Saturday, August 04, 2012

How I did it - PEGASUS

Hello everyone!
Have you seen my drawing “Pegasus”? Ok, I’m going to show you how this work has been done.This is a good example of how I’m used to proceed. Let me tell you before, that it often happens that the idea comes to life while I’m actually working on it. This is the case.
I started with a fast sketch based on a reference picture. Initially, I just wanted to draw a white horse with a some trees in the background.I proceeded then with a very light hatching in order to define some volumes.At this time, I had the idea to turn the horse into a winged one, a Pegasus flying on a cloudy sky.  So I added the wing and a few lines where I would have approximately drawn the clouds.
Since I wanted to work on a more realistic drawing, I decided to use a blending stump, in addition to my fingers, to smudge my hatching. I also changed the hind legs position, in fact, I wanted my horse to fly, and then, I darkened the whole picture a bit. But I was not happy with the result, because the wing looked too small and static. So I changed the wings position, and kept on shading the whole drawing.
Before starting to smudge, I wanted to have an idea of how it would have looked. The lower part seemed a bit poor, but I decided not to care, for now. I started then to smudge with my fingers and with the blending stump.
While I was shading, I thought that, instead of aiming to hyper-realistic results, I wanted to give my drawing an epic look, and the classical approach would have perfectly suited the needs. So I stopped to look at the reference pictures for shadows, but only for some details.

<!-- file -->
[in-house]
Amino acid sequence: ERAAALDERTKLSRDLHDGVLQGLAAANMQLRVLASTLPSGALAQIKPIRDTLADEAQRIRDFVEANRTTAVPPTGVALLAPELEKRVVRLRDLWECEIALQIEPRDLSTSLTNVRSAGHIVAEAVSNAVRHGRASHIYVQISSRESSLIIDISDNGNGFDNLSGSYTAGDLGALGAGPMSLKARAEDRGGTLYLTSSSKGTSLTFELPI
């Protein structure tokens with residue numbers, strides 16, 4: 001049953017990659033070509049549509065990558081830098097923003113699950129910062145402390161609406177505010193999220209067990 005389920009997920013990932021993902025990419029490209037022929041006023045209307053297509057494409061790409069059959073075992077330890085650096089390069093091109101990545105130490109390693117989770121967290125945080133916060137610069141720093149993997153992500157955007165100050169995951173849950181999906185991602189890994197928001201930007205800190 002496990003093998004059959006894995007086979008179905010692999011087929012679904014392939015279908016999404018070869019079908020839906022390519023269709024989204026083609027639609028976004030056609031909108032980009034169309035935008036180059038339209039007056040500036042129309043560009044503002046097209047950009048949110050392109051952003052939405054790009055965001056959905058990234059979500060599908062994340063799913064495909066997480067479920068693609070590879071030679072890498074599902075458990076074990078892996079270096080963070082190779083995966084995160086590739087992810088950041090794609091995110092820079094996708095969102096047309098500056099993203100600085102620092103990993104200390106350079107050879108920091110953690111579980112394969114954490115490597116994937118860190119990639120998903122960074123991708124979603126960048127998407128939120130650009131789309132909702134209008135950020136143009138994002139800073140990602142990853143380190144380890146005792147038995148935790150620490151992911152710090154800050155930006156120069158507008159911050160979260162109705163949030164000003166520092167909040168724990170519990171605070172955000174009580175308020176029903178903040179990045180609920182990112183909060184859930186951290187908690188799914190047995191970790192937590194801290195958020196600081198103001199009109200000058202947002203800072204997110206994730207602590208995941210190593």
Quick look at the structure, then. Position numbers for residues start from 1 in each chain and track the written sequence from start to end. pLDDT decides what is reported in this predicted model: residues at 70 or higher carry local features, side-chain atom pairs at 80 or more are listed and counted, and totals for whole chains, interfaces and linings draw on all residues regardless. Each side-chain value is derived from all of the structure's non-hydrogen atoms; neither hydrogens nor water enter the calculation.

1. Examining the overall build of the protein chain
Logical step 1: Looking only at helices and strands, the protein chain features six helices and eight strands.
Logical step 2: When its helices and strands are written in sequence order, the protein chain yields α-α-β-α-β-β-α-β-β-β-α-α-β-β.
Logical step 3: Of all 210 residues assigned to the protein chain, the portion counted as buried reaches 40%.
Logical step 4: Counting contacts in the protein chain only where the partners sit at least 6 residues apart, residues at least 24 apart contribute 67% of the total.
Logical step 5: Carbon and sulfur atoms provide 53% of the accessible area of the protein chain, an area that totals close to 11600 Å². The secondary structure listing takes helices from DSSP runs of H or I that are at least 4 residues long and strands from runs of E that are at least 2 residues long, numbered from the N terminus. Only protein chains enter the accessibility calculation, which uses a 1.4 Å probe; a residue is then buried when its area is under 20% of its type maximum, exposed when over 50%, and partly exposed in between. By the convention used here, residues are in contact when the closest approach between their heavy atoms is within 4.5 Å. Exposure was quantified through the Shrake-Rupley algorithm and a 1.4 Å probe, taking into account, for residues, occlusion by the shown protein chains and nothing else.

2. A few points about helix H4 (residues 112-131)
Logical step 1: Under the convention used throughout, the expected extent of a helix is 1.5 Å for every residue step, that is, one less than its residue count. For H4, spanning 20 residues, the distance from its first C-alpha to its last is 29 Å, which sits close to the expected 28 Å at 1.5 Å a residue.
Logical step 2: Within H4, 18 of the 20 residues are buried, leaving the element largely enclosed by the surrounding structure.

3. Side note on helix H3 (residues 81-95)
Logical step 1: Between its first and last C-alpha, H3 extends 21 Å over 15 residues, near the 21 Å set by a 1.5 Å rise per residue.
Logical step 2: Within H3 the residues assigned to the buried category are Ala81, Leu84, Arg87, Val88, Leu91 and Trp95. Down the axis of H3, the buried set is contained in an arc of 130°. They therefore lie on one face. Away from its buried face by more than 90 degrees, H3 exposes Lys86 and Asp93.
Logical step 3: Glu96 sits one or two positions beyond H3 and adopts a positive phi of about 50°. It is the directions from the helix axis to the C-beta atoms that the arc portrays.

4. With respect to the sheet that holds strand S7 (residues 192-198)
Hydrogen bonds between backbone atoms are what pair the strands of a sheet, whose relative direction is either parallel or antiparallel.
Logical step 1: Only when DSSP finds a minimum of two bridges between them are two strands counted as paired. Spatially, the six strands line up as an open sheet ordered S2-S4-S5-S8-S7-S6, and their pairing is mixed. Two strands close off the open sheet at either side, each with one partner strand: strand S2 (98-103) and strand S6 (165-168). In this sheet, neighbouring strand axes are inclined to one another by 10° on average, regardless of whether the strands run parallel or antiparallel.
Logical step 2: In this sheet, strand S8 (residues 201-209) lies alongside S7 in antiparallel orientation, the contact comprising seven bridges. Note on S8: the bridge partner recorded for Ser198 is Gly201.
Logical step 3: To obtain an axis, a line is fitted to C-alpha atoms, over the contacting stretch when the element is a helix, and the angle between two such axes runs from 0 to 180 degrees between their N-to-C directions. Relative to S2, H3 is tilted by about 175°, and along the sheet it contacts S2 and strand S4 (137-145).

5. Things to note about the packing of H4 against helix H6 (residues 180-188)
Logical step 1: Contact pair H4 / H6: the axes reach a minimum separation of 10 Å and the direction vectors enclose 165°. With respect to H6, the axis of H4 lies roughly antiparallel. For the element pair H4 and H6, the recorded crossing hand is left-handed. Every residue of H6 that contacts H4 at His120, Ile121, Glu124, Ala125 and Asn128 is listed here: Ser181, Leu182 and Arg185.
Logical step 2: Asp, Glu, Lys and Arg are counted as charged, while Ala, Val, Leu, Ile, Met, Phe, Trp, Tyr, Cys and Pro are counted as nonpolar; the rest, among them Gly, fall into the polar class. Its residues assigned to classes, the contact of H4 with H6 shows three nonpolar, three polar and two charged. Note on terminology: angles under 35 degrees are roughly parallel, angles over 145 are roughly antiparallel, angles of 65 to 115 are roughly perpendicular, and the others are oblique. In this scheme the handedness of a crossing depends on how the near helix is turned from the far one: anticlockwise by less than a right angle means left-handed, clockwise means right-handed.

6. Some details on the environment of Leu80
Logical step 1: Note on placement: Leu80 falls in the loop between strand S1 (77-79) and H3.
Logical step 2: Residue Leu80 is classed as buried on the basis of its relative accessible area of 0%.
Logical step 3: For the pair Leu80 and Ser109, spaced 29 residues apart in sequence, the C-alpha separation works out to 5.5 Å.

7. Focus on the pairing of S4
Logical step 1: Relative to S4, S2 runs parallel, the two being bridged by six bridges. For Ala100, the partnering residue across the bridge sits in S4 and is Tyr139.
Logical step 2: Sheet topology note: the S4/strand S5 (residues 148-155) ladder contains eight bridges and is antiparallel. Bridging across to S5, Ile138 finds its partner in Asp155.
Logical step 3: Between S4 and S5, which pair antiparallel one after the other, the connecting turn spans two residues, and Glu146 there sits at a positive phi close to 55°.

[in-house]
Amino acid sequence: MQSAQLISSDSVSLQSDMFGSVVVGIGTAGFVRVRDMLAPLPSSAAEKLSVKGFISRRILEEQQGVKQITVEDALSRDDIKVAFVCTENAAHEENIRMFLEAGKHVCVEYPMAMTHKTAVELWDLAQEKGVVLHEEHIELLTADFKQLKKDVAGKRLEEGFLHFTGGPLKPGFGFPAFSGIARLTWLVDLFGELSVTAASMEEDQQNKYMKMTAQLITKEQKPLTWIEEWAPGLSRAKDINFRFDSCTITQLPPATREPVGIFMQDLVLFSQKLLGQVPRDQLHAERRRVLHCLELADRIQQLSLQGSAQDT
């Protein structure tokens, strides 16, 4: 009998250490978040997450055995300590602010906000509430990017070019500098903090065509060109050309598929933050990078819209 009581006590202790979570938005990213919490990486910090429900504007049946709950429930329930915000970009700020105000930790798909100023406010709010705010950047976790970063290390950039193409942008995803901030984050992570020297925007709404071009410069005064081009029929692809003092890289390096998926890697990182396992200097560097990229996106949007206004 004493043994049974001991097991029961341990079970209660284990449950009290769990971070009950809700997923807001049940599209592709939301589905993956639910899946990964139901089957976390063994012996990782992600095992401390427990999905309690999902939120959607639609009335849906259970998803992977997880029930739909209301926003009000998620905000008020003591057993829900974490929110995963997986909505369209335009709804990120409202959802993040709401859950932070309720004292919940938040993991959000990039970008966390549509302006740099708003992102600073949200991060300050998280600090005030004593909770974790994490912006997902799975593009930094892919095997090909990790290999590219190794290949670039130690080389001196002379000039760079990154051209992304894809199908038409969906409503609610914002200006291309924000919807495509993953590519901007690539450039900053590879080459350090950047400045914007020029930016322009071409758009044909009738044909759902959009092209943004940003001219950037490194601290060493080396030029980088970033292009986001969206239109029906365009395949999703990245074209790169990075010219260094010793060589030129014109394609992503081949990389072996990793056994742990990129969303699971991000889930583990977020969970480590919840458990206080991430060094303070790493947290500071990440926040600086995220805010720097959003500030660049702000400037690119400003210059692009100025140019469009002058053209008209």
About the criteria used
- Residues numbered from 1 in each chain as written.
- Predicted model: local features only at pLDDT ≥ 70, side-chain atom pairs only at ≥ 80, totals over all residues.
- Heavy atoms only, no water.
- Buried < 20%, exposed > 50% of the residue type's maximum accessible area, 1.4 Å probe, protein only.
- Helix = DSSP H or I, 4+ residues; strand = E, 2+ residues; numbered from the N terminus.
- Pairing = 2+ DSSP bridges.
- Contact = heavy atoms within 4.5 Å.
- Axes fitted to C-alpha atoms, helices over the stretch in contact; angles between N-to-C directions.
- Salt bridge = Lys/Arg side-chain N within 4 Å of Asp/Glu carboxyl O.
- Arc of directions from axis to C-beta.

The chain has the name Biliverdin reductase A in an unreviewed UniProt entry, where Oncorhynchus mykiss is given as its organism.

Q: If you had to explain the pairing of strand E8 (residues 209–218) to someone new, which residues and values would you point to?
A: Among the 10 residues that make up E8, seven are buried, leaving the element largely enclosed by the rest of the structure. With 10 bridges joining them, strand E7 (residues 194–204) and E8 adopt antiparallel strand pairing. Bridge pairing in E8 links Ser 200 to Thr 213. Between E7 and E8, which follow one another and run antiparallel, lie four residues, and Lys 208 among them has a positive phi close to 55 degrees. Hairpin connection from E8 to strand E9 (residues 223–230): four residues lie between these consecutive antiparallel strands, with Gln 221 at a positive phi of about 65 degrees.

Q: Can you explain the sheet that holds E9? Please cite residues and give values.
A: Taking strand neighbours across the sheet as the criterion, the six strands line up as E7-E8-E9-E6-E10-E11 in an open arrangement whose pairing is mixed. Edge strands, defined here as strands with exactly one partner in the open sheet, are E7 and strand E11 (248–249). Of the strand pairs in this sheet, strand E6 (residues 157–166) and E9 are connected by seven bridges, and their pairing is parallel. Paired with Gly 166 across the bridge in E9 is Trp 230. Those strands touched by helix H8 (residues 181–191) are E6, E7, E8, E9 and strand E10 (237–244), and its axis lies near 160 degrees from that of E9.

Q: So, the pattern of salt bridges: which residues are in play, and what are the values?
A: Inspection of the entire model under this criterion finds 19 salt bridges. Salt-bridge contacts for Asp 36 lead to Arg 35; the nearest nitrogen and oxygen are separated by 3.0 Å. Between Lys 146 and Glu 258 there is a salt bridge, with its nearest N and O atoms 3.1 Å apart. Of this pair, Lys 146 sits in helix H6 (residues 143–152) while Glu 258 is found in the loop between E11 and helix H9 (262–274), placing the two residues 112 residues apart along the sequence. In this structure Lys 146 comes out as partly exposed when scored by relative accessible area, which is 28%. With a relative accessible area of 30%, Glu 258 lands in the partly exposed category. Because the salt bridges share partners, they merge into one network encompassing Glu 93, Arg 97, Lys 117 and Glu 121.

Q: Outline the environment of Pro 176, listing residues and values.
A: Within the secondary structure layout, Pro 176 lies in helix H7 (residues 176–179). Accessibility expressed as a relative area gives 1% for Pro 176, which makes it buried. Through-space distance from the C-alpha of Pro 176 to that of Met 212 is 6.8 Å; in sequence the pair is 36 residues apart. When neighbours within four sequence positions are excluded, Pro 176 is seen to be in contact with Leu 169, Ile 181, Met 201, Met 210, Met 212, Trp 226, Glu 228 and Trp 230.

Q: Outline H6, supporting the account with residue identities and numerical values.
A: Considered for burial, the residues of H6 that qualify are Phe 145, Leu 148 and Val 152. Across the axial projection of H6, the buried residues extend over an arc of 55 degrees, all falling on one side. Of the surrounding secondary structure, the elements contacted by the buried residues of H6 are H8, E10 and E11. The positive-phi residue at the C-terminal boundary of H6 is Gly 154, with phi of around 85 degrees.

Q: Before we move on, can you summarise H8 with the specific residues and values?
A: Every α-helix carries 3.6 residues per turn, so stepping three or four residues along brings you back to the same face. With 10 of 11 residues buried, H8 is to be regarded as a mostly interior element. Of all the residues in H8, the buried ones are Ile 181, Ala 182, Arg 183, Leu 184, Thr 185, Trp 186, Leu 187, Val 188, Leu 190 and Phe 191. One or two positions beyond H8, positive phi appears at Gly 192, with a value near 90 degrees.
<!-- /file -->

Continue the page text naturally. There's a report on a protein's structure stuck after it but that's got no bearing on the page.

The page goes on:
The more we want a drawing to look realistic, the more we must pay attention to the relationship between the various shadows gradations. The outlines should disappear: in fact, they only have to be suggested by the contrasts between tones.
For details such as the mane, I definitely left the reference picture, because I preferred to give the various locks the shape I wanted, in order to achieve a more classical feel.
I proceeded gradually, darkening the various areas, step by step. I used a kneaded eraser to obtain the highlights, and a thin slice of a common eraser for the very sharp ones.  The lower part was definitely poor, so I changed my mind again, and decided to add some grass.
Rather than a flat terrain, I decided to play with different heights, in order to create a kind of basin, which would have given some emphasis to the movement of the wings (in fact the outline repeats the wings direction)
Ok, the drawing was almost done, it was just time to add some further details, and make shadows a bit smoother here and there. I choose to leave some blurriness at certain points, to suggest a bit of movement, but most of all, to ensure that the observer focuses on those details that I want.
As you can see, realism is just a matter of working a lot on tiny details, smooth nuances, tones relationships and slight variations. Or better said, a matter of patience. Well, I hope this helped a bit, feel free to contact me for any question, here, on my Facebook page, or through my website.
Have fun with drawing!

1 comment:

  1. This is a spectacular drawing ~ it 'moves' one allows one to take a deep breath and say.....BEAUTIFUL! Majestic, free, powerful thank you for this drawing